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Iran Disbands Silver Smuggling Gang.

Summary: TEHRAN (FNA)- The Iranian Intelligence Ministry announced on Sunday that it has dismantled a 9-strong band of smugglers in the Northeastern province of East Azerbaijan.

Intelligence Ministry, in a statement issued today, announced that contrabandists were transferring silver cargo from China to Iraq and then to Tehran so as to distribute it across the country.

These cargos led to the shutdown of many silver-related workshops and businesses, added the statement.

Arrested smugglers have confessed that they have illegally imported some 23 tons of silver-made jewelry during the past five years.

The report hasn't mentioned the amount of silver seized during the operation.

In a related front, the Ministry announced on January 07 that the security body had arrested 25 members of two criminal networks that had infiltrated into the banking and foreign currency system of the country.

The Ministry reported that it disbanded two criminal networks on charges of economic corruption, arresting 25 key members of these two rings.

The corruption rings had received foreign currency by bribery, using commercial cards (government licenses for import/export) of front companies, forging pre-invoices for registering an order for the import of necessity goods, and blindsided banks from following up on where the foreign currency credits had been put to use.

Arrests were been made in provinces of Qazvin, Tehran, Mazandaran, and East Azerbaijan, the report maintains, adding that criminals have been handed over to judiciary officials.

On December 31, the Ministry announced that 11 members of a gang charged with defrauding government's foreign currency reserves of around $1.2 billion on the pretext of importing basic commodities had been arrested in the Western Iranian province of Kurdistan.

According to the statement, the network had taken 47 trillion rials (roughly $1.2 billion) of the government's foreign currency reserves under the false pretext of importing necessity goods, but instead invested the amount in some other countries.

The ring had received foreign currency by bribery, using commercial cards (government licenses for import/export) of front companies, forging pre-invoices for registering an order for the import of necessity goods, and blindsided banks from following up on where the foreign currency credits had been put to use.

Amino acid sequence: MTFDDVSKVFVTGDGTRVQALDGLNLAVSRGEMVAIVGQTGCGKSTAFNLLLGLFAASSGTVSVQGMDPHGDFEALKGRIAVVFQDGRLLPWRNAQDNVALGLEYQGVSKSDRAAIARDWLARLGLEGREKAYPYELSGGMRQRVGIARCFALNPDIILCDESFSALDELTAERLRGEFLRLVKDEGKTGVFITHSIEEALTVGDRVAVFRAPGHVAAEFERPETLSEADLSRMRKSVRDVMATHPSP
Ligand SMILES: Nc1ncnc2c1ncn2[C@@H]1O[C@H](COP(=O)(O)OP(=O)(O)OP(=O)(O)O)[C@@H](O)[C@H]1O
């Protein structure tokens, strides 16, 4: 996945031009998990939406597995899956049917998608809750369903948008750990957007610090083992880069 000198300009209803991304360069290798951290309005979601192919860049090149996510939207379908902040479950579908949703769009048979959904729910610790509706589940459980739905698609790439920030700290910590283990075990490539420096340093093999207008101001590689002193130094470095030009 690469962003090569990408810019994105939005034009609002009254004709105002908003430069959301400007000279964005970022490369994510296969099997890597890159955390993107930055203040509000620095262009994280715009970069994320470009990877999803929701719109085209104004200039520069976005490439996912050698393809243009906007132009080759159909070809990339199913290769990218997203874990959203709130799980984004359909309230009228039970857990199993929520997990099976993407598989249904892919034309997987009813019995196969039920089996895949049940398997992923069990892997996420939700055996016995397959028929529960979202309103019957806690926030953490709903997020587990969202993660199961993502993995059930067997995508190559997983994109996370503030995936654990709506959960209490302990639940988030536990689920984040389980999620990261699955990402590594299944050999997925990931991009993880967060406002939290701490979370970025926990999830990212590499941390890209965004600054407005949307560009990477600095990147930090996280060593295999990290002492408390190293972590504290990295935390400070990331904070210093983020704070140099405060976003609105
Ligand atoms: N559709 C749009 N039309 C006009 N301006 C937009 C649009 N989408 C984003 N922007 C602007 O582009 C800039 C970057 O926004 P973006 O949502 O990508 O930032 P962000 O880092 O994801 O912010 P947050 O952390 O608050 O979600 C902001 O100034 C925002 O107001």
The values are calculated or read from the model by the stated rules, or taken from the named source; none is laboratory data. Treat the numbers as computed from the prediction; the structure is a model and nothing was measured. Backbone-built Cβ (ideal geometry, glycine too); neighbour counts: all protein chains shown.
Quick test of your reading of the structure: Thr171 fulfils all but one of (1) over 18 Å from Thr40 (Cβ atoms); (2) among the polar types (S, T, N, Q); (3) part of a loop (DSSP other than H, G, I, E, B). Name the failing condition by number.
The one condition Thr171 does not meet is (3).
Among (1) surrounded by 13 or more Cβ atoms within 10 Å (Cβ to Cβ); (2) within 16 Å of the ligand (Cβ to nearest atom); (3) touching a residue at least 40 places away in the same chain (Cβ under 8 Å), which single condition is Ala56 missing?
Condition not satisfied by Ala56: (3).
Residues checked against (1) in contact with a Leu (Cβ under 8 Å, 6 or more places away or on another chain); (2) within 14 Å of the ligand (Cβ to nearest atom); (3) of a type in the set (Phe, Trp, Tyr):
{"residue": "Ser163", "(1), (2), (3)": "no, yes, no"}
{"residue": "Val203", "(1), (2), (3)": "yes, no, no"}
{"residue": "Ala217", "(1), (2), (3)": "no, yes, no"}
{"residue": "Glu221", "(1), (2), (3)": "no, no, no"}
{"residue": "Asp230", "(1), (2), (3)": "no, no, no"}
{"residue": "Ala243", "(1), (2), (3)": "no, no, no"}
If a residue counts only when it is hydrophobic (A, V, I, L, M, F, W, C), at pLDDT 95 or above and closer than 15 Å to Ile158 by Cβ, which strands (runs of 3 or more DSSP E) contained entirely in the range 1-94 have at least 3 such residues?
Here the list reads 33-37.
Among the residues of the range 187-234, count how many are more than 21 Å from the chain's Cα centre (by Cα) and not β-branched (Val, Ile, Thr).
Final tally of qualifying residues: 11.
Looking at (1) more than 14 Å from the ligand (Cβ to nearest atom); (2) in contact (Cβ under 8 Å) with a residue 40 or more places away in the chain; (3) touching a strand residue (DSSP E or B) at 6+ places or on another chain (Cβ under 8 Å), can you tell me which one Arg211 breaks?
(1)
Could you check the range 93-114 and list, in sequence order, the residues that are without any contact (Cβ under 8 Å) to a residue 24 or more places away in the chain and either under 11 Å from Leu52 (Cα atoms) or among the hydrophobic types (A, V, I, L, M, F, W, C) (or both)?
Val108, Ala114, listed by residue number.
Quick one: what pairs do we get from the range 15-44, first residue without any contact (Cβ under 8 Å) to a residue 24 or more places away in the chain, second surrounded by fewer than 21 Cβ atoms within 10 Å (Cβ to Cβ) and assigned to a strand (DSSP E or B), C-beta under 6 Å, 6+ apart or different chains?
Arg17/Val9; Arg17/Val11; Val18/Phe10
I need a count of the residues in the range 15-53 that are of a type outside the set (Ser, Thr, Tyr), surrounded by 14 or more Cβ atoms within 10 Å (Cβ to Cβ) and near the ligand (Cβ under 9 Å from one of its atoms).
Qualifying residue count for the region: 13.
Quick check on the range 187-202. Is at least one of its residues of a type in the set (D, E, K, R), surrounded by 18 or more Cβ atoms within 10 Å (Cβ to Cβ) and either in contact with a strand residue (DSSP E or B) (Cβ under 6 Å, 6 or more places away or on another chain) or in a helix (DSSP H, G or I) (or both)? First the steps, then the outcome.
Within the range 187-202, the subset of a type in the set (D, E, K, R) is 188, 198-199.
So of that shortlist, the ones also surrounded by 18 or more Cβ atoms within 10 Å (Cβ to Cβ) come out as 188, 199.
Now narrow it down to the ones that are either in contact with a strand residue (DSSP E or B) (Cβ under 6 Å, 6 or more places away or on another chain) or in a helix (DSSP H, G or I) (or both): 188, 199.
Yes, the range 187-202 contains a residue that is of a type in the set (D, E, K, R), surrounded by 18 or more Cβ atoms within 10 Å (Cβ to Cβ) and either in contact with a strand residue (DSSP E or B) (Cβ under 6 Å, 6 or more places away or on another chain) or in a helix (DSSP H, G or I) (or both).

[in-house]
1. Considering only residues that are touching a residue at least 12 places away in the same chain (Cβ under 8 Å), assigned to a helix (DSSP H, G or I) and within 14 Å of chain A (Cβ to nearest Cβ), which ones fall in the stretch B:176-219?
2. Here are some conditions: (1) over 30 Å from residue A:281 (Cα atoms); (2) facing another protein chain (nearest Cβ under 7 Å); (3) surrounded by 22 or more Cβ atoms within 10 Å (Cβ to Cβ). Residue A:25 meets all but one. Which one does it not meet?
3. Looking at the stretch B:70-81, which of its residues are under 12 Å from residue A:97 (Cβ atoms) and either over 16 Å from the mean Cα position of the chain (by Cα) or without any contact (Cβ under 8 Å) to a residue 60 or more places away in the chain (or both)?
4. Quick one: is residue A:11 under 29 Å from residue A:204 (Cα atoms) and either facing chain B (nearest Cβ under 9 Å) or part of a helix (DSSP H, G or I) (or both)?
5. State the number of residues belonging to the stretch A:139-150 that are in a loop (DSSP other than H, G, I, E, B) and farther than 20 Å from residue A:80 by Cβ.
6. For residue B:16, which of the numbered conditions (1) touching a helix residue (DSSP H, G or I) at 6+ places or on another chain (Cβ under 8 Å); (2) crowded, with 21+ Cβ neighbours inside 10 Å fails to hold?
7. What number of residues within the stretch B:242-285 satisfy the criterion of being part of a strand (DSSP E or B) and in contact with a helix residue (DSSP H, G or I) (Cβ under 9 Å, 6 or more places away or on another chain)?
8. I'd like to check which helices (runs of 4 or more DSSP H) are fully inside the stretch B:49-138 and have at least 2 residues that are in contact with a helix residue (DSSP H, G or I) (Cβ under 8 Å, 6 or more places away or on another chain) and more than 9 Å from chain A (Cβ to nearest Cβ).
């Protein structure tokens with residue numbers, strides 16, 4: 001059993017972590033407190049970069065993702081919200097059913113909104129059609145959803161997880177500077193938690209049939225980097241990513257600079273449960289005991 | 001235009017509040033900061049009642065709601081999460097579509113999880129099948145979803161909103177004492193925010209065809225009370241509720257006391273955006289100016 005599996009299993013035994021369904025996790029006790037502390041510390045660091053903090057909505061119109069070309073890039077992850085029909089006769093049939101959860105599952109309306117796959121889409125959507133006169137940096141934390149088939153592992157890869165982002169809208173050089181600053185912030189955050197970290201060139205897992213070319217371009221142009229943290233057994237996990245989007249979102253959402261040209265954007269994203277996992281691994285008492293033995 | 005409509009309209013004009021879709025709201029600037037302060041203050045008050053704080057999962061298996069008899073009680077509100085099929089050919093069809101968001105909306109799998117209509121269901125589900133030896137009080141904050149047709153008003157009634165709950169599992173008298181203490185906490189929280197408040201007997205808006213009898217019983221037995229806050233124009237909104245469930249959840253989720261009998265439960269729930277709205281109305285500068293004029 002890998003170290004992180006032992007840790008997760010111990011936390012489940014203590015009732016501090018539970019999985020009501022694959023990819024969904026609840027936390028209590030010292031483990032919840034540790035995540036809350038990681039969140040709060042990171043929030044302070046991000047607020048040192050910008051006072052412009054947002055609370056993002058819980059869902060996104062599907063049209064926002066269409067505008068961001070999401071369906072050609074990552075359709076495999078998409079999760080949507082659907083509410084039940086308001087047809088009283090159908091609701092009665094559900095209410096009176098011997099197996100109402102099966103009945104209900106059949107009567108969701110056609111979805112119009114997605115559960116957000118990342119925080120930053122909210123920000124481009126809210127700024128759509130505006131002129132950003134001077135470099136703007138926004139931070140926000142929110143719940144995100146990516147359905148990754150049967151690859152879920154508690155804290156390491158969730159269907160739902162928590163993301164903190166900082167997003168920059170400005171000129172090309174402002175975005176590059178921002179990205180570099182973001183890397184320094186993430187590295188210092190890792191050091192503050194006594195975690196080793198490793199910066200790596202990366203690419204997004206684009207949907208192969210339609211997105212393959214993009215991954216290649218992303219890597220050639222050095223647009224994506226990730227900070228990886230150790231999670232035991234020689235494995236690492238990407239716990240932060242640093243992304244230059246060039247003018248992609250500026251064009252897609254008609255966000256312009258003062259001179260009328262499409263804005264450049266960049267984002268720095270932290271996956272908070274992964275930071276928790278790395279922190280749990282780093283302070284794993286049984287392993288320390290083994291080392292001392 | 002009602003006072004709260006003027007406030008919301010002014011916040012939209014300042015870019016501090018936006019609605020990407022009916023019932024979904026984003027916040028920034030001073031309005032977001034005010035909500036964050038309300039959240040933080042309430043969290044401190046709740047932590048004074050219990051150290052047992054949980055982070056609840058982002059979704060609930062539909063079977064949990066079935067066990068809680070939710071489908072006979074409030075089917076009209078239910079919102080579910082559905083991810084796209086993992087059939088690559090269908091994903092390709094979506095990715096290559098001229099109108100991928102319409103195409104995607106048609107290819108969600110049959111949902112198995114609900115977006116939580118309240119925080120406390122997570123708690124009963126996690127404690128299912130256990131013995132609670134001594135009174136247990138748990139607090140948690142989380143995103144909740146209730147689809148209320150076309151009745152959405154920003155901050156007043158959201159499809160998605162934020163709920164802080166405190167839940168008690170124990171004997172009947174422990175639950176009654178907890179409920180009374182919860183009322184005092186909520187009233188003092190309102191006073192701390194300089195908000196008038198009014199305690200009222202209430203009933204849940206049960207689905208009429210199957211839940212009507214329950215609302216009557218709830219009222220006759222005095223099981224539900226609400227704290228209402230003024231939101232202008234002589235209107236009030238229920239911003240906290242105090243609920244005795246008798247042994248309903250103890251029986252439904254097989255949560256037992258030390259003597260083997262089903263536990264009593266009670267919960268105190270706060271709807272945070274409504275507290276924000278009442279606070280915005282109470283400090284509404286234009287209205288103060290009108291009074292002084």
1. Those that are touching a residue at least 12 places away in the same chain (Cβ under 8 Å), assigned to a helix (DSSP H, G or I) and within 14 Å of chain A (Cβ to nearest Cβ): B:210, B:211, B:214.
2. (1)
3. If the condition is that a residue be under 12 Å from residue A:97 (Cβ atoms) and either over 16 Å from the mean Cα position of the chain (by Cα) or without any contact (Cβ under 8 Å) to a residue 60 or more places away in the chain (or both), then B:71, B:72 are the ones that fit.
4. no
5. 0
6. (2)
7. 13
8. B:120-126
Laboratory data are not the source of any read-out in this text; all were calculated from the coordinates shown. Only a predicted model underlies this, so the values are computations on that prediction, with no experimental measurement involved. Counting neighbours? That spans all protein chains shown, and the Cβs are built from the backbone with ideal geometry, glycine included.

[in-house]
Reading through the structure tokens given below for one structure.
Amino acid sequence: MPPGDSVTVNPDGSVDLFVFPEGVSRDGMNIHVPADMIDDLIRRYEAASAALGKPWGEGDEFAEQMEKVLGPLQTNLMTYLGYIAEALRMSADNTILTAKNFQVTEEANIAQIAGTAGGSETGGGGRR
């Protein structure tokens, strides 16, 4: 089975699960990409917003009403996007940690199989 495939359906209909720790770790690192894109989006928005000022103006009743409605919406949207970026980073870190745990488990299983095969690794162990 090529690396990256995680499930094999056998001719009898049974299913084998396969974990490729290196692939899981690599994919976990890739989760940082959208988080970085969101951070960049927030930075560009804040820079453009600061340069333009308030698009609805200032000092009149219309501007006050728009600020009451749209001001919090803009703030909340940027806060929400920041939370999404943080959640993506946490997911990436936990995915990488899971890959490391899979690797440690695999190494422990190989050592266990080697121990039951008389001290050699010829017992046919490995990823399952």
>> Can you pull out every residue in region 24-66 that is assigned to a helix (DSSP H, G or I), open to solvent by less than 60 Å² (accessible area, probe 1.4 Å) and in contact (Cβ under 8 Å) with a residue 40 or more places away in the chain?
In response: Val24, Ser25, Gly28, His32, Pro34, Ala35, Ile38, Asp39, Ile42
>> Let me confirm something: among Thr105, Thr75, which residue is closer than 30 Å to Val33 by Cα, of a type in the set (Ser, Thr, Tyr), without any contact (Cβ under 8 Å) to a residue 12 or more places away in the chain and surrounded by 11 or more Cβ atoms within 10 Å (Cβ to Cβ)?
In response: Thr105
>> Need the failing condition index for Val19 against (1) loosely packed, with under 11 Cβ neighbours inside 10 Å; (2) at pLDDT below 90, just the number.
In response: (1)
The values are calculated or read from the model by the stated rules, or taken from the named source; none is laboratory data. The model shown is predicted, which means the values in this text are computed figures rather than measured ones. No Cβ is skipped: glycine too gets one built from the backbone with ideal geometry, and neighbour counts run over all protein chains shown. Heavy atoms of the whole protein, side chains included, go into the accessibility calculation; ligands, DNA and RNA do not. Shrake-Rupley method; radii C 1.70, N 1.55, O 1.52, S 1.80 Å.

On Dec. 25, an extended 17-strong fraud gang who formed a criminal network across 6 provinces in Iran was also dismantled by the intelligence ministry.

In a coordinated operation, Intelligence Ministry forces arrested 17 members of a sophisticated fraud gang that had infiltrated into the banking and foreign currency system of the country, busting a criminal network which sprawled over the provinces of Sistan and Baluchestan, Tehran, Mazandaran, Qom, Kerman and Isfahan.

Following the operation, the Intelligence Ministry issued a statement, explaining that the network was involved with registering orders for importing goods with bogus documents, and used government's foreign currency reserves with no intention of imports and for their own personal uses.

Thanks to the measures taken by Sistan and Baluchestan Intelligence Department General and special cooperation from the province's judicial bodies, the statement adds, 87 front companies were identified, and a great number of fabricated documents and seals related to both domestic and foreign companies were discovered. The operation prevented the capital flight of e1/4300 million worth of government's foreign currency reserves.

Iran has undertaken a series of massive moves to counter individuals, gangs, and groups that disrupt the national economy in pursuit of personal over-night gains.

Late in autumn, two giant economic saboteurs were executed for creating turmoil in the natural flow of the national economy in the past years.

Hamidreza Baqeri Dermani, nicknamed "the Sultan of Bitumen," was hanged on Saturday after conviction on the charge of "corruption on earth," which carries capital punishment.

He was a corrupt businessman who had appropriated more than 10 trillion rials ($100 million) mainly by defrauding banks and a major oil refining firm.

He had also headed a gang who exploited a surge in gold demand.

Earlier on November, Vahid Mazloumin, nicknamed as the "Sultan of Coins", and his accomplice were executed after they were convicted for contributing to chaos in Iran's gold coin and foreign currency markets.

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Publication:FARS News Agency
Geographic Code:7IRAN
Date:Jan 20, 2019
Words:696
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